Food of Love, Love of Food

When Logan and I first met, he was 26 years old and still living like he’d just gotten out of college. He lived in a crappy apartment with a semi-idiot for a roommate, dressed like a surfer dude, and had hair down past his shoulders (which actually has nothing to do with living like he he’d just gotten out of college, but much to do with why I was determined to meet him). He did have a real, live, actual job, and a car, so in that way he was one up on a few of my previous boyfriends who had lacked one or the other, sometimes both.

I was 34, had recently gone through a difficult break-up, and was very tired. I wasn’t sure I wanted to get involved with anyone when we met, but he was so cute I couldn’t help myself.

I’ve never been a woman whose goal was to change a man. If I liked someone enough to date him, why would I want to change him? If I thought he needed to change, why go out with him in the first place? So he wasn’t suddenly dressing in oxford shirt, khakis and loafers, because 1) I would never have made him dress like that. Those khakis could have led to playing golf; and 2) he’s a grown man. He knows how to dress himself. I also didn’t invade his apartment and start cleaning, redecorating and moving stuff around. My own place was a mess and a mishmash of stuff, so I no room to criticize.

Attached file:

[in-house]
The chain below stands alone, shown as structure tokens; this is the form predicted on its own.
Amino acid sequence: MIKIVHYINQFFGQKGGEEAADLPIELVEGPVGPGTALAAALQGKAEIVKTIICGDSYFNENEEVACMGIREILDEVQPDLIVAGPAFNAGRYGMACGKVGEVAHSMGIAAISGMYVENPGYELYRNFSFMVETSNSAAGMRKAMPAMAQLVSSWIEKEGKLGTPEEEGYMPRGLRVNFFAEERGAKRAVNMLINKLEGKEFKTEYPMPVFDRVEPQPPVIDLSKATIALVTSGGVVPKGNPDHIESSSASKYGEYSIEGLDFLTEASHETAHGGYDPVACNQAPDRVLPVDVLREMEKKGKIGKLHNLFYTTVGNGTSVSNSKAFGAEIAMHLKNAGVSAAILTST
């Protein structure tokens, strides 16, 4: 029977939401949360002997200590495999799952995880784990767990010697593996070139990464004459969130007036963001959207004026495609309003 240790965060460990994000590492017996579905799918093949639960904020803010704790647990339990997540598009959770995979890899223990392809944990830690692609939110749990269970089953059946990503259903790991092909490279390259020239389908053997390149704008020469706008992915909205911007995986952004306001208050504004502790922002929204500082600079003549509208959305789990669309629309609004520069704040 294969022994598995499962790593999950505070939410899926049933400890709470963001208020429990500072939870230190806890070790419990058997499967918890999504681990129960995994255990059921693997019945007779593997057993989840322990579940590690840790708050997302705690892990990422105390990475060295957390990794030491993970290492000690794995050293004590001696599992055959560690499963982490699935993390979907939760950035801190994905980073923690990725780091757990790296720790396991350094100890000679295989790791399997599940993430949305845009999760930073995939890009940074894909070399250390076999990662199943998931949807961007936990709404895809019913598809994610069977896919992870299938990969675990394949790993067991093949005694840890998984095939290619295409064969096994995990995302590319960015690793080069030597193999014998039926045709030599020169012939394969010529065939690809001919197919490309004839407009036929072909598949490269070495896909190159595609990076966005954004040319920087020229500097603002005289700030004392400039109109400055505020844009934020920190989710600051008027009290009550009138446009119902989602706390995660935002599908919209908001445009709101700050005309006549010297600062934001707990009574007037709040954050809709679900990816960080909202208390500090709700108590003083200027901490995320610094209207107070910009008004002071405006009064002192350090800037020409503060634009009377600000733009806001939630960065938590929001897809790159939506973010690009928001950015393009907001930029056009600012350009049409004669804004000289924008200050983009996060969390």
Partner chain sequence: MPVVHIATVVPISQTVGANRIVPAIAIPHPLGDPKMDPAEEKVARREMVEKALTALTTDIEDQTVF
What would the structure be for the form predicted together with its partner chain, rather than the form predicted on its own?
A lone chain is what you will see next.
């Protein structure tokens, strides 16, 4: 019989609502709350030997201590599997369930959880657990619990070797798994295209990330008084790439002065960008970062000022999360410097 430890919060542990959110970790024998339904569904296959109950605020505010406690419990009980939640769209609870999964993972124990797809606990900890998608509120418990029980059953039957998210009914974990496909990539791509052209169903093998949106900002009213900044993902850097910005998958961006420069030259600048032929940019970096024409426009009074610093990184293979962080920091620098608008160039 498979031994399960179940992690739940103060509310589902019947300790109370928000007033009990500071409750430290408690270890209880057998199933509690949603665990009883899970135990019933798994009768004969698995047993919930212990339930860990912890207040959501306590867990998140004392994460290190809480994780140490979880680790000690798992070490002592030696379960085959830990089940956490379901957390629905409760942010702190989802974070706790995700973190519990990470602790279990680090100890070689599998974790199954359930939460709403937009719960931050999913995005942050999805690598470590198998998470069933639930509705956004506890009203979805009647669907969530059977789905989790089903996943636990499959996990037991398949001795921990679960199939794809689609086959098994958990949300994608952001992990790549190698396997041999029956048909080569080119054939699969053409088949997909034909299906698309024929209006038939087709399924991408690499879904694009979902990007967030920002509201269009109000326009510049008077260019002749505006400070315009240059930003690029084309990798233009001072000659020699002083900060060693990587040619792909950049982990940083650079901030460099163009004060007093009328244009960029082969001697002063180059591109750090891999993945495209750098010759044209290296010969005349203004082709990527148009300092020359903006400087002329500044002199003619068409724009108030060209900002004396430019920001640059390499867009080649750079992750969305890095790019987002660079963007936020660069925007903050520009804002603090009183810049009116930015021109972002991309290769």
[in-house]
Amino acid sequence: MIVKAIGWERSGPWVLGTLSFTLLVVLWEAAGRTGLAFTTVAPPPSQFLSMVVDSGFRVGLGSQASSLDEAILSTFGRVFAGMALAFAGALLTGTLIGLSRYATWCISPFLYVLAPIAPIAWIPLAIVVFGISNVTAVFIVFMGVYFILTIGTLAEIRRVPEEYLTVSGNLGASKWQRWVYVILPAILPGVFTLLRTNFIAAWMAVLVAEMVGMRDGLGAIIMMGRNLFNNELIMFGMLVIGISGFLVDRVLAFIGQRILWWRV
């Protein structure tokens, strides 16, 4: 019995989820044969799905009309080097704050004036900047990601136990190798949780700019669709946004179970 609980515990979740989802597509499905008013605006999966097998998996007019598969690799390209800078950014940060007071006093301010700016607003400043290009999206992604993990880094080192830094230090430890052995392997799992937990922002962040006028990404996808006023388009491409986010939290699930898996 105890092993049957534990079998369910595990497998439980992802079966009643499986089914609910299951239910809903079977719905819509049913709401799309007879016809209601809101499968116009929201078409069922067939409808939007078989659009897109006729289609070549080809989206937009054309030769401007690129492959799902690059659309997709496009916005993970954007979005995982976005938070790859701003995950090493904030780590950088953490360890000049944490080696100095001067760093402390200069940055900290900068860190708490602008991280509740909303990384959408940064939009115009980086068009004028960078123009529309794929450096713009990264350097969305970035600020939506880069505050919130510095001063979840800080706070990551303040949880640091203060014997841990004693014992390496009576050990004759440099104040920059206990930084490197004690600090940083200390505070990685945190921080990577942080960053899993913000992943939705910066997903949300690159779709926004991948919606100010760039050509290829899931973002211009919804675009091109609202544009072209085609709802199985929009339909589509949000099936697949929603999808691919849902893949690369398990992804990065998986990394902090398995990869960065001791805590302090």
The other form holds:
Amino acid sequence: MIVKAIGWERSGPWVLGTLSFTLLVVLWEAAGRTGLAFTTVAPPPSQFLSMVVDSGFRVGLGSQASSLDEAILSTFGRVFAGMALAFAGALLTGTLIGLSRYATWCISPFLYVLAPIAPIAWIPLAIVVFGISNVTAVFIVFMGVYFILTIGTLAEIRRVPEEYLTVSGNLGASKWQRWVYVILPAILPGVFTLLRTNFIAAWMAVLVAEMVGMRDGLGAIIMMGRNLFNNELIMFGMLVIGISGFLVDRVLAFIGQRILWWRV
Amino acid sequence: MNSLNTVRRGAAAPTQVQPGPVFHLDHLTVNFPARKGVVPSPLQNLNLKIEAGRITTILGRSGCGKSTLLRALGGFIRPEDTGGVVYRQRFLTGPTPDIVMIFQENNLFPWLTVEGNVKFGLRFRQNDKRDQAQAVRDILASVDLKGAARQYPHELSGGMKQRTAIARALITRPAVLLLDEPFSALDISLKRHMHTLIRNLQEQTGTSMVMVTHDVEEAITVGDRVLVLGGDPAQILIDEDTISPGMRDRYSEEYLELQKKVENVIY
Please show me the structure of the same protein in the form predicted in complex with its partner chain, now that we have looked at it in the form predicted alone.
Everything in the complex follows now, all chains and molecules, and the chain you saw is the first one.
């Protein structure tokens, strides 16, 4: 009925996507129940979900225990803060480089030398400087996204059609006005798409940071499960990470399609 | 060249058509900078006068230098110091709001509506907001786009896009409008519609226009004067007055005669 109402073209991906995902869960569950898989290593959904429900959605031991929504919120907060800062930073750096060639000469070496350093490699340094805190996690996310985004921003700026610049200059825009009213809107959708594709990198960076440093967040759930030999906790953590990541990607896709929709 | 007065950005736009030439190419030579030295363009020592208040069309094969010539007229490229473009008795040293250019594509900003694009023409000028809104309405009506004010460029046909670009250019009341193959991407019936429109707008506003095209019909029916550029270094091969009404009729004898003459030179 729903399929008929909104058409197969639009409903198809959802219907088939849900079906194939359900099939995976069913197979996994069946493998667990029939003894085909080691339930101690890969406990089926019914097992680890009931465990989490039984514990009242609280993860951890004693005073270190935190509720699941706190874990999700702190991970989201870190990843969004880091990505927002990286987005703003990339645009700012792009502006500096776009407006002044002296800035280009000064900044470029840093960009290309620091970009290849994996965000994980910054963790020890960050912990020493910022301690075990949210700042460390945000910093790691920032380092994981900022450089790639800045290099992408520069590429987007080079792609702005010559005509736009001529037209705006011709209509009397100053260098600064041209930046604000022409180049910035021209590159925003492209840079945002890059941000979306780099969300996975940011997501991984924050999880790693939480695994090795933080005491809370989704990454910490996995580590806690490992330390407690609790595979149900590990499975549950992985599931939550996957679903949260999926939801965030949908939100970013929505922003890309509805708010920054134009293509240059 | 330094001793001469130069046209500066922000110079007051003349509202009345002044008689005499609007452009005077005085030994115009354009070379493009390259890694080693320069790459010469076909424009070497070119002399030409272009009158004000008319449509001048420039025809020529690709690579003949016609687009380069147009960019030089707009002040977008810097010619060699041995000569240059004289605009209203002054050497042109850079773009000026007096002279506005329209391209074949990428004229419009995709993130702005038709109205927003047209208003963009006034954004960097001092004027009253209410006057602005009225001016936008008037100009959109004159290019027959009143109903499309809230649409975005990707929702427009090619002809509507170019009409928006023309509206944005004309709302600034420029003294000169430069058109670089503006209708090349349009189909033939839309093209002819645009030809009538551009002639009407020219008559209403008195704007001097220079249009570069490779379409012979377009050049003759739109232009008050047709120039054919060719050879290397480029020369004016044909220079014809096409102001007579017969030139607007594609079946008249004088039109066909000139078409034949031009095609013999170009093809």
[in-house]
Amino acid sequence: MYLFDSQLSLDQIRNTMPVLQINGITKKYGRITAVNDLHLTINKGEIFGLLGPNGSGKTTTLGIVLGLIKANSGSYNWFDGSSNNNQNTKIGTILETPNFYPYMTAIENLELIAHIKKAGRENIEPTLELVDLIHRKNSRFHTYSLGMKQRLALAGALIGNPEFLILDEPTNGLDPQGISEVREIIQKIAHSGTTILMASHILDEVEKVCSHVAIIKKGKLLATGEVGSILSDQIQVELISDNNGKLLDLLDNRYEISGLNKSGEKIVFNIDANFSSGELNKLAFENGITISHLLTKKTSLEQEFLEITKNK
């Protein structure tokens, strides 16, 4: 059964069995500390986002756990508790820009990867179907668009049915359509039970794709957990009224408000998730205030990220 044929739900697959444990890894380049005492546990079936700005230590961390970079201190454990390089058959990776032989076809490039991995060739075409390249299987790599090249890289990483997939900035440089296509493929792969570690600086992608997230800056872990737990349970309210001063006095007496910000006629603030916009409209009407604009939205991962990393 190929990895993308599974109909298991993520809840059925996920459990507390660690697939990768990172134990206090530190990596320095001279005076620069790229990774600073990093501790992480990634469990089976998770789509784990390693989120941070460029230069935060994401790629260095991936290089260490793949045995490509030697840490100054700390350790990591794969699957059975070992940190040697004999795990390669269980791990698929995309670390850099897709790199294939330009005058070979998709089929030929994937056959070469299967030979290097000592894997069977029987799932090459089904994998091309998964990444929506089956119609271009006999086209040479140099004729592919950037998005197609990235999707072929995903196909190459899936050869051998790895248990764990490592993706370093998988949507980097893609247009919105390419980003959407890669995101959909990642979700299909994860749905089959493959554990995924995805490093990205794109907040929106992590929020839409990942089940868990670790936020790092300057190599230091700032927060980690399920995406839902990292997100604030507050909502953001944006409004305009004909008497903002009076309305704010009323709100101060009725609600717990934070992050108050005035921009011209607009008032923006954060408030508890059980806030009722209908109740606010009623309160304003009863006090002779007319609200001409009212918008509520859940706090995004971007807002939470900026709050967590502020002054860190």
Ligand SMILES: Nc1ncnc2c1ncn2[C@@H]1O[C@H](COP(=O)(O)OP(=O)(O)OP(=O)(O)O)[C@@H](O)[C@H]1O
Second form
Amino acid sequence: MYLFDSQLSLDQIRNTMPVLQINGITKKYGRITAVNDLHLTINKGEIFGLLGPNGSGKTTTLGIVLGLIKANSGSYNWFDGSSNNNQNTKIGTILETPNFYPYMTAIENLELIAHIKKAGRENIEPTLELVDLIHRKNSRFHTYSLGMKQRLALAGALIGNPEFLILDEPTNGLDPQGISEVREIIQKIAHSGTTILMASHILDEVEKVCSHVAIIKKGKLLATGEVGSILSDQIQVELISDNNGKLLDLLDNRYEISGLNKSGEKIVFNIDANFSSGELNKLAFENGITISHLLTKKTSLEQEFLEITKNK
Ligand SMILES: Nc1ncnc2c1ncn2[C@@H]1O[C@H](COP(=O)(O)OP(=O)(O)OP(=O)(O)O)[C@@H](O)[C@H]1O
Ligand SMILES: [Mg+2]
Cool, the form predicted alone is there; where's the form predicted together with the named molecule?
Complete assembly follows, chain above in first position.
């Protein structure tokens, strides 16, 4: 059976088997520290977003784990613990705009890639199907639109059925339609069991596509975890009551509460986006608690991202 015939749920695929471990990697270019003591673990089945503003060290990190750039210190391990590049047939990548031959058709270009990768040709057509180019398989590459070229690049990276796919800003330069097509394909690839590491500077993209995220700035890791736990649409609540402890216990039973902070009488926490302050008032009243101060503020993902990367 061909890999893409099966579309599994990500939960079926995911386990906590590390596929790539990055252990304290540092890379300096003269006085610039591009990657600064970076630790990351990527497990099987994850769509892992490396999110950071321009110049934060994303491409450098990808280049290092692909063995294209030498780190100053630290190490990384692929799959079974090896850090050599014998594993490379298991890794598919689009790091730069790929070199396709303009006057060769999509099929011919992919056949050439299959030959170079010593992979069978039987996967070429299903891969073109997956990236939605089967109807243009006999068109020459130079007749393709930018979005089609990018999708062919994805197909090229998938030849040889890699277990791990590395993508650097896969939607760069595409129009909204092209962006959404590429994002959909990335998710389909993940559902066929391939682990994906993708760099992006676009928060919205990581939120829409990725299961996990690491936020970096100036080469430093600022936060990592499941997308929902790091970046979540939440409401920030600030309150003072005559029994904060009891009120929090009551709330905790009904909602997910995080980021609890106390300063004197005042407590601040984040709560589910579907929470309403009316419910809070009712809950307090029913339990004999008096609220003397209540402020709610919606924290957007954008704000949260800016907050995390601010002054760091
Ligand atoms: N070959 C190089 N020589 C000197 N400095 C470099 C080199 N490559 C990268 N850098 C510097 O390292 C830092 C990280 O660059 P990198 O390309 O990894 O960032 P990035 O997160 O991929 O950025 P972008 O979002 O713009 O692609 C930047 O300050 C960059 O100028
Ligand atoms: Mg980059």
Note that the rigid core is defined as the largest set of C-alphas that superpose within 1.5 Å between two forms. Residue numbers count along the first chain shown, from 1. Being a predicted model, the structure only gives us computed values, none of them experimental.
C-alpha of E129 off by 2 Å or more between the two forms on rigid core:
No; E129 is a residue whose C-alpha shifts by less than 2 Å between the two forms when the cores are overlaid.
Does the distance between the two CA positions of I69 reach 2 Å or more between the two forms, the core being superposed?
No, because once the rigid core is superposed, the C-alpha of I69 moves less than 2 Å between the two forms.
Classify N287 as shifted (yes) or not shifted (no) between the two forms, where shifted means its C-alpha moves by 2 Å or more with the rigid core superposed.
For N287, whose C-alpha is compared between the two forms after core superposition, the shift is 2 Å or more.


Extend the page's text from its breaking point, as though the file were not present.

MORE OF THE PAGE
He ate like a normal 26-year-old guy when we went out, which is to say the same way I ate – burgers, pizza, pasta, salad, seafood. I didn’t see any need to harangue him about his eating habits, until I found out how he ate at home. He was living on .69 frozen pizza and fast food. A special meal was a can of cream of mushroom soup, heated and poured over spaghetti. It’s an understatement to say I was horrified. “No, no, no. We cannot have this.”